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Monday, 25 November, 2002, 10:57 GMT
Kenya's primaries draw to a close
Kanu supporters
Primary elections have been fiercely contested
Candidates for Kenya's parliamentary and local poll are set to start handing in their nomination papers for general elections due on 27 December.

The process of selecting candidates has been controversial in both the ruling Kanu party and the opposition Narc alliance.


The Electoral Commission of Kenya has a sinister agenda by introducing new rules that were not applied in 1992 and 1997 polls

Raila Odinga, Narc
The bruising primary battles have seen deaths, shootings and allegations of fraud and even abduction.

Kenyans will also choose a new president int he poll, as President Daniel arap Moi is not allowed to run for another term.

His nomination of Uhuru Kenyatta as Kanu's presidential candidate led many senior party officials to defect and set up the Narc alliance with opposition parties.

Eye gouged

Narc's founder, Raila Odinga, has complained about new regulations introduced at the last minute.

On Friday, the Electoral Commission of Kenya announced that parliamentary and civic candidates must include documents certifying their membership of parties sponsoring them when presenting their nomination papers early this week.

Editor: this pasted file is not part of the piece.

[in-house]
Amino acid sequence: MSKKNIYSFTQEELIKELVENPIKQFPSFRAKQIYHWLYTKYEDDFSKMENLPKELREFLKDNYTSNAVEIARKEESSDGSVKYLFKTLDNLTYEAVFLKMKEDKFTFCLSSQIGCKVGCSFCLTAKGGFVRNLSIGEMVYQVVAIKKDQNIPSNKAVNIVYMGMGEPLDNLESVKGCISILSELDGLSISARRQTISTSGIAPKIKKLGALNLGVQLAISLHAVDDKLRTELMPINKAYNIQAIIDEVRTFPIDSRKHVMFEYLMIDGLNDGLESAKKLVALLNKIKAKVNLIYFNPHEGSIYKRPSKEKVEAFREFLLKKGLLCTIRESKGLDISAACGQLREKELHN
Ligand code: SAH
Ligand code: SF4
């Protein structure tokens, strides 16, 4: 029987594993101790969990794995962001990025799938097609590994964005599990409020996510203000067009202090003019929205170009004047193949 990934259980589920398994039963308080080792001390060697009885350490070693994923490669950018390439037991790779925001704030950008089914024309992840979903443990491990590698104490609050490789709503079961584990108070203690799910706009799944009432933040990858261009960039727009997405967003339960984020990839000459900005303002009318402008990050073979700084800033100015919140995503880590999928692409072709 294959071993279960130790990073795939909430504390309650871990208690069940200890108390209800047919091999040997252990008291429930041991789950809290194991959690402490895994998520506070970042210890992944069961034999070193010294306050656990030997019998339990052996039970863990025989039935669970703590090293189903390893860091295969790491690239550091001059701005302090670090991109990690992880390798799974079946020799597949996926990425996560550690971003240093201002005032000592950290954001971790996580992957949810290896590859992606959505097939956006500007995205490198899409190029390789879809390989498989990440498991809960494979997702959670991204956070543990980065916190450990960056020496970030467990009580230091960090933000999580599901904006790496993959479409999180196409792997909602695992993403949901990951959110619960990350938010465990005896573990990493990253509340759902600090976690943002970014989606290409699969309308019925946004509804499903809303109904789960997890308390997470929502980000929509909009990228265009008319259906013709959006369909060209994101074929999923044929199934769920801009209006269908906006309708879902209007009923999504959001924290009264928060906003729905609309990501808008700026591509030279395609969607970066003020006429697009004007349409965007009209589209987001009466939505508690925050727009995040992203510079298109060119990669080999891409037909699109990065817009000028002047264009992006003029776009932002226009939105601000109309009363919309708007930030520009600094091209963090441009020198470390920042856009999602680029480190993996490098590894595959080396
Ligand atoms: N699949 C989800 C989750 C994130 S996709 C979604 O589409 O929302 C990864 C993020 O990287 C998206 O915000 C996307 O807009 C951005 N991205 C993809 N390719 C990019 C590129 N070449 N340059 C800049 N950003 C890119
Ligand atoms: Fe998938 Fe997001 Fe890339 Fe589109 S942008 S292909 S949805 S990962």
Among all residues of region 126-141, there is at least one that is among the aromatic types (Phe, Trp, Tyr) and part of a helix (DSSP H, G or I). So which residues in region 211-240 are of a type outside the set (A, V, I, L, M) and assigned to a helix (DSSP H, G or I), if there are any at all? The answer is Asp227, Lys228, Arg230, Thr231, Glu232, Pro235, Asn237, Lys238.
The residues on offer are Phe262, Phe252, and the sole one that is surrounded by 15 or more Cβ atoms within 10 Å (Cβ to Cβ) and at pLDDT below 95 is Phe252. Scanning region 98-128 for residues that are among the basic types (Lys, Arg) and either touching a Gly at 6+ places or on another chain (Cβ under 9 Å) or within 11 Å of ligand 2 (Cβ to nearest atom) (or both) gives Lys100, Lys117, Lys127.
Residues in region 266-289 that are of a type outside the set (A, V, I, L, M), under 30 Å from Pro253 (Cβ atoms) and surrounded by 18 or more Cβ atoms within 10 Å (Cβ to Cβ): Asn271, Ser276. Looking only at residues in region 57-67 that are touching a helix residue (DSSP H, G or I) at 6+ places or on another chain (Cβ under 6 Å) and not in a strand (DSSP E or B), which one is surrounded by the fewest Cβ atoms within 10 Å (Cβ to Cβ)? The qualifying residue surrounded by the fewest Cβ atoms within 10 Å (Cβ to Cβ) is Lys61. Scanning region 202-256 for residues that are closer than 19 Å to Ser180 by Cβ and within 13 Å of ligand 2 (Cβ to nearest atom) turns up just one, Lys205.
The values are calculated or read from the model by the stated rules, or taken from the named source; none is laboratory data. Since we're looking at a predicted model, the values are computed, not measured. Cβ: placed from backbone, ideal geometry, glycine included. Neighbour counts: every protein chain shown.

Presidential candidates
Uhuru Kenyatta
Mwai Kibaki
Simeon Nyachae
James Orengo
Waweru Ng'ethe
Mr Odinga said he was concerned that this may be designed to help Kanu.

"The Electoral Commission of Kenya has a sinister agenda by introducing new rules that were not applied in 1992 and 1997 polls," he said.

During last week's primaries, one politician had his eye gouged out; another was shot three times; thugs allegedly whipped and abducted a group of party activists in Nairobi.

Elsewhere ballot boxes have gone missing, results have been overturned and officials stoned.

The BBC East Africa correspondent Andrew Harding says that Narc's success in attracting defectors from Kanu has caused its own problems.

So many people have been rushing to jump on the bandwagon that there simply are not enough constituencies to go round.

Competition for seats has been intense and often violent.

While Kanu has been hit by internal splits, as well as the defections, our correspondent says.

President Moi and his entourage have been pulling one way. His chosen successor Uhuru Kenyatta is trying to build his own independent platform.

Several ministers and senior opposition officials lost their seats during the primaries.

 WATCH/LISTEN
 ON THIS STORY
The BBC's Matt Prodger
"Mr Kenyatta's endorsement by the President has raised a few eyebrows"
BBC's Joseph Warungu on Focus on Africa
"Violence was averted but verbal taunting was the order of the day"
Kenyans choose a new president

Key stories

Inauguration day

Moi steps down

Background

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See also:

22 Nov 02 | Africa
19 Nov 02 | Africa
12 Nov 02 | Africa
25 Oct 02 | Africa
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